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Hoffmann, R. A wiki for the life sciences where authorship matters. Nature Genetics (2008)

Sustained in vitro activity of human albumin microspheres containing chlorhexidine dihydrochloride against bacteria from cultures of organisms that cause urinary tract infections.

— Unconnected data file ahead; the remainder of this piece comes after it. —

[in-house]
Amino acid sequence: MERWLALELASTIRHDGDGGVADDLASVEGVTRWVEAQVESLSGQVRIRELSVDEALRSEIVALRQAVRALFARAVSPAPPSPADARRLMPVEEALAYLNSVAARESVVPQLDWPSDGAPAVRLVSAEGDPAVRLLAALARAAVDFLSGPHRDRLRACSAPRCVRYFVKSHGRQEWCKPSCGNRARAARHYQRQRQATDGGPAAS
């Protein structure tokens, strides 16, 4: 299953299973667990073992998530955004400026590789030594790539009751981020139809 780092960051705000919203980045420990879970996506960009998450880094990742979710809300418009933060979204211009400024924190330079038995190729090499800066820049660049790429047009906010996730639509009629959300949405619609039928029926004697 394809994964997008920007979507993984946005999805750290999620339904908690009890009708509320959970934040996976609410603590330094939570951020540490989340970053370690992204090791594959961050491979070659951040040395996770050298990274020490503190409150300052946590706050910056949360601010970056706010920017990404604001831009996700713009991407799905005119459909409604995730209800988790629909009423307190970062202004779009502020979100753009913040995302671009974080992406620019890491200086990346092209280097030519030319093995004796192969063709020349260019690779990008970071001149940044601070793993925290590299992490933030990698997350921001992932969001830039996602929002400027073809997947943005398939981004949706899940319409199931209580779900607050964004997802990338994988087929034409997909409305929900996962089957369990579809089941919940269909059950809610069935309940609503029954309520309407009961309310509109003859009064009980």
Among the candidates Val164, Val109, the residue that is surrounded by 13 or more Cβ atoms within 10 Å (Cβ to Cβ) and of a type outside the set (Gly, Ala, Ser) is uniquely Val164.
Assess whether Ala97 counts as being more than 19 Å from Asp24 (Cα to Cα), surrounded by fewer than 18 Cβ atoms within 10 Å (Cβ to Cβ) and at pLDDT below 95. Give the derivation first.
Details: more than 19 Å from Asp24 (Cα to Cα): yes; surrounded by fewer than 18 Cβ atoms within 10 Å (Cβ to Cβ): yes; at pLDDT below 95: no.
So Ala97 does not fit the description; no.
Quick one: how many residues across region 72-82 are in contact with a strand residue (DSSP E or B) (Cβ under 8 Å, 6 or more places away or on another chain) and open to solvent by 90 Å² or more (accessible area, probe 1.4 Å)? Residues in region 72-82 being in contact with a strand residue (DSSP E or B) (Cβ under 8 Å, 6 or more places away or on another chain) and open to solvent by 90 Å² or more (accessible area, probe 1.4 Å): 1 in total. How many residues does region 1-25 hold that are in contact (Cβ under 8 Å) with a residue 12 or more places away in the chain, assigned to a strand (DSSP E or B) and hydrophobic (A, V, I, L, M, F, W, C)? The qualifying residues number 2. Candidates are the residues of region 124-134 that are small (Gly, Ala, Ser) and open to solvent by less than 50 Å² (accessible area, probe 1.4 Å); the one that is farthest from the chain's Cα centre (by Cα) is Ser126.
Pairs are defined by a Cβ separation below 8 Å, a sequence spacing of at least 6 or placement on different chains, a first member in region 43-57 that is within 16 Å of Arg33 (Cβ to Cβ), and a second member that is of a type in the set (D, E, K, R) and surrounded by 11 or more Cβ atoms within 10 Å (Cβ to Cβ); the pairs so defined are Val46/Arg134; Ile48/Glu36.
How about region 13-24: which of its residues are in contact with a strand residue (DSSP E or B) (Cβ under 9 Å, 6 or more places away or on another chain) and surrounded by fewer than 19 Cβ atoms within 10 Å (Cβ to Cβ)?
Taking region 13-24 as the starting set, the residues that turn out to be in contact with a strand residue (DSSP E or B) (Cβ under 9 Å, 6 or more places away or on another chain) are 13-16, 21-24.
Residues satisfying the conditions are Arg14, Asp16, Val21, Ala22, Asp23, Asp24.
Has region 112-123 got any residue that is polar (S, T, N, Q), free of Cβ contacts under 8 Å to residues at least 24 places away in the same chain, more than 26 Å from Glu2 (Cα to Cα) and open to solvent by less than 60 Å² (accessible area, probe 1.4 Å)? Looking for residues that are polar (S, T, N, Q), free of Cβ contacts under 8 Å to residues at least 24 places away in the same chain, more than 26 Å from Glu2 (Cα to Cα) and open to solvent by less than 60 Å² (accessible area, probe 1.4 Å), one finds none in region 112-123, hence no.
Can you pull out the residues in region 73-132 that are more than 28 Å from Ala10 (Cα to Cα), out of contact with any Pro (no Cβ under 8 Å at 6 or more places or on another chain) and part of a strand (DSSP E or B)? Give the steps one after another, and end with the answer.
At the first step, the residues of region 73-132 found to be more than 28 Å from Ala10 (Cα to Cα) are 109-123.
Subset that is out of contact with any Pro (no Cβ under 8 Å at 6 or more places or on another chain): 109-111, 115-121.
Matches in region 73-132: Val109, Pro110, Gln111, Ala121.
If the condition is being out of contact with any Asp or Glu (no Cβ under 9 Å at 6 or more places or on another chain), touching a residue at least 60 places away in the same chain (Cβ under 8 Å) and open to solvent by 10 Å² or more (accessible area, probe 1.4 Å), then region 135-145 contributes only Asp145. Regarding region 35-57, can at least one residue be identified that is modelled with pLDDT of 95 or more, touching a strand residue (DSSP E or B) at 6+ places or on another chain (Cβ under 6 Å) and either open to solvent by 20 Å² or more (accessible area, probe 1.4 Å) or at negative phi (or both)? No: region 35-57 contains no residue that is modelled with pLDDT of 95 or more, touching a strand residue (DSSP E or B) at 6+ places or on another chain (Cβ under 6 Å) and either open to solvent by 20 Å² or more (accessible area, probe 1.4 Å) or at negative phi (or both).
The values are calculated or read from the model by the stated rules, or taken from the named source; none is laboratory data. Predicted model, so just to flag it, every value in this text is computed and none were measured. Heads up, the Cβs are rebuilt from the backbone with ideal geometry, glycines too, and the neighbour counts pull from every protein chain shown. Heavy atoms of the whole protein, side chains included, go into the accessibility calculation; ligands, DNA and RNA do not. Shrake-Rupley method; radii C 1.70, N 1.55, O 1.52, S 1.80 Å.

The potential of chlorhexidine dihydrochloride (CH HCl) incorporated into human albumin microspheres to provide sustained activity in vitro against Escherichia coli, Staphylococcus aureus, and Pseudomonas aeruginosa from quality controls and from cultures of organisms that cause urinary tract infections was investigated. CH HCl was entrapped into five different formulations of human albumin microspheres. A technique was developed to evaluate the antibacterial activity of these microspheres and of controls (unloaded microspheres or gel). CH HCl microspheres exhibited antibacterial activity over a period of 16 days. Similar results were obtained with microspheres suspended in a methocel gel, and their antibacterial activity also continued for about 16 days. Empty microspheres or gel media alone were ineffective. The release rates of CH HCl from human albumin microspheres coated onto catheters by use of different gel formulations were also determined. The microsphere formulations were found to provide sustained antibacterial activity even at a low drug concentration.[1]


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